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Qantas and Emirates Airlines are in advanced talks about a partnership that could help the Australian flag carrier to reduce the losses at its international operations.
Some analysts said that an agreement between Emirates and Qantas could have negative repercussions for British Airways, which has a 16 year-old joint business with the Australian carrier on routes between the UK and Australia.
Emirates is in talks with Qantas about a code-share agreement, under which the Australian carrier could rely on the fast-growing Gulf airline to fly passengers from Australia to its Dubai hub, and then on to European destinations.
Australia is Emirates’ third most important market by revenue, and it is facing increasing competition there because Etihad, the Abu Dhabi-based carrier, is forging deeper links with Virgin Australia.
Etihad this month received permission from the Australian government to increase its stake in Virgin Australia from 5 per cent to 10 per cent, having established a code-share agreement between the two airlines in 2010.
Tim Clark, president of Emirates, said that the talks with Qantas were confined to a code-share agreement under which the Australian carrier might rely on the Gulf airline to fly passengers to Dubai or beyond. Emirates could also tap into Virgin Australia’s domestic passenger traffic for its long haul network, he added.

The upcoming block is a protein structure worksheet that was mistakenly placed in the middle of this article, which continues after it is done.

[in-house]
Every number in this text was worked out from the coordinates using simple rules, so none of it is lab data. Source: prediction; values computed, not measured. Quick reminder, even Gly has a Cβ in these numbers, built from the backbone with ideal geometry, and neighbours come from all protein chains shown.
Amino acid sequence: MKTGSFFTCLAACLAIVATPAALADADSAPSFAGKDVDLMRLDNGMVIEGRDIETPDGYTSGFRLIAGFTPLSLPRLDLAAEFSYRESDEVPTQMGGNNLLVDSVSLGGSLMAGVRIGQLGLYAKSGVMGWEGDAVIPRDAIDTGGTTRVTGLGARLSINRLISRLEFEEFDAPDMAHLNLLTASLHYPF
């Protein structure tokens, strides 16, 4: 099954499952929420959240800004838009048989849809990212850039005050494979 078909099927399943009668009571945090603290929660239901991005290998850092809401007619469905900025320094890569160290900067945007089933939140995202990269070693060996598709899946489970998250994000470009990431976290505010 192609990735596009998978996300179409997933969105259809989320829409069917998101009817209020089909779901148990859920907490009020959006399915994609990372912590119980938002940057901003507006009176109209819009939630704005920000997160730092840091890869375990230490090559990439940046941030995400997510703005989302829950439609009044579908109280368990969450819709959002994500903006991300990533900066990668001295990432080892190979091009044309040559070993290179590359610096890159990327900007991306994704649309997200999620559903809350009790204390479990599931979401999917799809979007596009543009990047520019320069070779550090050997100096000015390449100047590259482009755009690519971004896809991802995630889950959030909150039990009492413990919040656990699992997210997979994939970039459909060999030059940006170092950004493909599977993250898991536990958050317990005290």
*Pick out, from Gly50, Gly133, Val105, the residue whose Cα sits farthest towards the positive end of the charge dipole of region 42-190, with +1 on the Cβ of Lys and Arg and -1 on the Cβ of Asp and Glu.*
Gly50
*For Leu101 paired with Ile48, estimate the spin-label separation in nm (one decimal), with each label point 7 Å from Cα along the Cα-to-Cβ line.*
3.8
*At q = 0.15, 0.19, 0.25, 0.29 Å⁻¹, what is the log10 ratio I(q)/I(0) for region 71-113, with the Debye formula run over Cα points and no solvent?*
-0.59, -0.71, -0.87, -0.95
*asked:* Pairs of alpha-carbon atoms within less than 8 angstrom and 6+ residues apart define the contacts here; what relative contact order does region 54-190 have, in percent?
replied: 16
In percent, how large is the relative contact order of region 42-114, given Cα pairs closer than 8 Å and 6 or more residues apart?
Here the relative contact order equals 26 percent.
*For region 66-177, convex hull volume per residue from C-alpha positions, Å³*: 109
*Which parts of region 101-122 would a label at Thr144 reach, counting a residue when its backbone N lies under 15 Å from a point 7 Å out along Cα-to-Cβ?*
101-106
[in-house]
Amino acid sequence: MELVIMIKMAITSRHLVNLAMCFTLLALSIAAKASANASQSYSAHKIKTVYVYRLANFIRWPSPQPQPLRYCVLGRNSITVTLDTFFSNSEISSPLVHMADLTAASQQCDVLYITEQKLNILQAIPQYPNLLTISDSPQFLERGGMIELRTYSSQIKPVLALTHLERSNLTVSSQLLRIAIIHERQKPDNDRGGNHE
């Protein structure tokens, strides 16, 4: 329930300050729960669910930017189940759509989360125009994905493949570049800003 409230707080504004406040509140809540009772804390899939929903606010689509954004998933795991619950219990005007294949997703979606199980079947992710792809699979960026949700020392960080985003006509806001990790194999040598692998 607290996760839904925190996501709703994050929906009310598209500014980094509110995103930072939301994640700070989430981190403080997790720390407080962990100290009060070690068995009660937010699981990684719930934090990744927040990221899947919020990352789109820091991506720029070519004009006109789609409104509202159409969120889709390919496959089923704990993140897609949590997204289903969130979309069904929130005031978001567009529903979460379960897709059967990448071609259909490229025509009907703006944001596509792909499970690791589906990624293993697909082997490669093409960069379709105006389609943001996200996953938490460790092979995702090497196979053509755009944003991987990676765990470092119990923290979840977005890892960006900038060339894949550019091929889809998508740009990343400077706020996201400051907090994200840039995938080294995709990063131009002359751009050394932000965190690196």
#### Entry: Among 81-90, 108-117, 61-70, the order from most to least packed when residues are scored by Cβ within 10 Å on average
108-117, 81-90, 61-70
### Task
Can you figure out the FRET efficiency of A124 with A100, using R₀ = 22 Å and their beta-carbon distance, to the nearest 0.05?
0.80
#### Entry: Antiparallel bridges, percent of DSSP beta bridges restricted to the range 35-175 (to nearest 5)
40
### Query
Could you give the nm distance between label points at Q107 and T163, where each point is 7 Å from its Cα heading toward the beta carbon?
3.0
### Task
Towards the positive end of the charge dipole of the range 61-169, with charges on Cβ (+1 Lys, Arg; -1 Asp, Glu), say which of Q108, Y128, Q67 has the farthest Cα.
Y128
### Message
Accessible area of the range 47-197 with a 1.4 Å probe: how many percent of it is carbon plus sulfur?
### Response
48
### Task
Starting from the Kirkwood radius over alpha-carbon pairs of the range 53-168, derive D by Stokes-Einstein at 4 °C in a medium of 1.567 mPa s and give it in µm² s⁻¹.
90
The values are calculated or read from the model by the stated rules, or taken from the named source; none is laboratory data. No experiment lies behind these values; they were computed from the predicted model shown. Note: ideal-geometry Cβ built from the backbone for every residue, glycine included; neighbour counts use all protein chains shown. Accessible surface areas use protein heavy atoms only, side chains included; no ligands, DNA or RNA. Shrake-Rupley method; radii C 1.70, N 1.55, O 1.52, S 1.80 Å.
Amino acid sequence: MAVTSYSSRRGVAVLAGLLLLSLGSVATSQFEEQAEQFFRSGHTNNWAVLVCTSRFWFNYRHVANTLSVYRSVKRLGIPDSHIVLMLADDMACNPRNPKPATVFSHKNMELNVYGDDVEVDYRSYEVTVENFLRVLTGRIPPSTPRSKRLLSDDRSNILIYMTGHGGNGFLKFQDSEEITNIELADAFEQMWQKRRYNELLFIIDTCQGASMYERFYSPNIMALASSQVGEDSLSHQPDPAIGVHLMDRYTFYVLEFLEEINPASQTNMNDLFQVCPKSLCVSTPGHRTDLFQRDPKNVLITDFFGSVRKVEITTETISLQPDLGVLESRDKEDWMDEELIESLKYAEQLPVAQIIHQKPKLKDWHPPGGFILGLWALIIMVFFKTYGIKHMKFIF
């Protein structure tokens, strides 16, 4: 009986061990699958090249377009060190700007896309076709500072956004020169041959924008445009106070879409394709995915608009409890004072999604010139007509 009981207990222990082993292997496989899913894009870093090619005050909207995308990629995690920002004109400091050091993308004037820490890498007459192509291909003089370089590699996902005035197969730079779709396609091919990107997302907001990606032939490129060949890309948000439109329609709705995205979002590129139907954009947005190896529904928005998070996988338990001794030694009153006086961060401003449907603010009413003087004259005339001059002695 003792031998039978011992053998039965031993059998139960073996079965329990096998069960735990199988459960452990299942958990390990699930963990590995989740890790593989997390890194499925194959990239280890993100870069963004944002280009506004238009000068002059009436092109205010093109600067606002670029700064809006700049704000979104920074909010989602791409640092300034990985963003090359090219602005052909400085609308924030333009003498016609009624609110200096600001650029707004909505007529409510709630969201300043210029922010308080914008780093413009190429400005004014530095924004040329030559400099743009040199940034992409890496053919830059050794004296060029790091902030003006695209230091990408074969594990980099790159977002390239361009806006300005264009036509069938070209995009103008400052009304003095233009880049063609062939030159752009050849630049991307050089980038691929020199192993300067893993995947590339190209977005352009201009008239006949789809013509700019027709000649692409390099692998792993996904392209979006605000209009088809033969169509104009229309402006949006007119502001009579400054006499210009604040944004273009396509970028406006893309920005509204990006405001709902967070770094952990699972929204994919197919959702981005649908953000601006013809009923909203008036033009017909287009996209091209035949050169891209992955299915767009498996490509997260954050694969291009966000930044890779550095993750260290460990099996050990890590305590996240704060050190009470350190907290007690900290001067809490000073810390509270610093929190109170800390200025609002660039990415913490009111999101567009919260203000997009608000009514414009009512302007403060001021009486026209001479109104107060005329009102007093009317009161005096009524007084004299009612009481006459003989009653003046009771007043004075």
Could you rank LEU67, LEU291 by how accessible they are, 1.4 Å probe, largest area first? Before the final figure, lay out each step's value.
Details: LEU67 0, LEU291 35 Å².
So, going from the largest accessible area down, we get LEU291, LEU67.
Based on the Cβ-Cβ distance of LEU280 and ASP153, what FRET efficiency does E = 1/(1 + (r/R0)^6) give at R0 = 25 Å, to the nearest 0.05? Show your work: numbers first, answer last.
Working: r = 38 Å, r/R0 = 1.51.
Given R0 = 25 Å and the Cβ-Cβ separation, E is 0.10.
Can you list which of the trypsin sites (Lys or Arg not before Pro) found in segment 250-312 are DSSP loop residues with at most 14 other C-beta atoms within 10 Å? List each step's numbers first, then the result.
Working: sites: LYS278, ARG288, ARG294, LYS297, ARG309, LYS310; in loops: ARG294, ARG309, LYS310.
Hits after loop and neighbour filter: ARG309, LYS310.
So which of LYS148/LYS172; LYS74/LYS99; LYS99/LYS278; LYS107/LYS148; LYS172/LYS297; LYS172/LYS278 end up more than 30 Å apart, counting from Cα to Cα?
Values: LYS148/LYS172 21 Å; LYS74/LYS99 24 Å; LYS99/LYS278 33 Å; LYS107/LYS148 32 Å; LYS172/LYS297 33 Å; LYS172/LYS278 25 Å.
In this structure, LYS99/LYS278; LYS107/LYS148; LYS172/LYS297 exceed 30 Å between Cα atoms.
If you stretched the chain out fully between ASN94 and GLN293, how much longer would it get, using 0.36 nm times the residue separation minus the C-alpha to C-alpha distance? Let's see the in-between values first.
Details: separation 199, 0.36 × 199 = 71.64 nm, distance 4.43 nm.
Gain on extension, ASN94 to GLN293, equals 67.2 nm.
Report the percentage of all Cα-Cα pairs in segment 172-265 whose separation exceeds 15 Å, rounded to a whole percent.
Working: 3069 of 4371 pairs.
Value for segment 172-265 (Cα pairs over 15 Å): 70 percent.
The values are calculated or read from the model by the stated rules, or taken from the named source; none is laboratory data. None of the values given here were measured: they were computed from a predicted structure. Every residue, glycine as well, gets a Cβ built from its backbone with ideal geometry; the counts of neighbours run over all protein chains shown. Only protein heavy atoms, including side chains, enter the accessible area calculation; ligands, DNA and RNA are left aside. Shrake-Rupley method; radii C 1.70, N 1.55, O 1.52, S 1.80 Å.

“The idea is each carrier offers the other the benefits of its network,” said Mr Clark, adding that no decisions had been reached between the two airlines.
Emirates is also considering code-share agreements with airlines in north and south America and with China.
The Gulf carrier has deliberately avoided joining one of the three large global airline alliances, on the grounds that it could compromise its expansion strategy.
Analysts said that a partnership with Emirates might provide a significant opportunity to cut the losses at Qantas’s international operations, which are expected to reach A$450m in the year to June 2012.
Alan Joyce, Qantas’s chief executive, has been searching for ways to stem the international losses, following a profit warning by the airline in June that pushed its share price to a record low.
Qantas issued a statement confirming talks with Emirates and other airlines about “potential alliances” after shares in the Australian airline spiked, closing up 9.6 per cent at A$1.09.
One analyst, who declined to be named, said that British Airways had “a lot to lose” from a code-share agreement between Emirates and Qantas.
He said that such a partnership could deprive British Airways of Qantas feeder traffic at Heathrow airport for the UK airline’s short-haul network.
International Airlines Group, the parent of British Airways, declined to comment.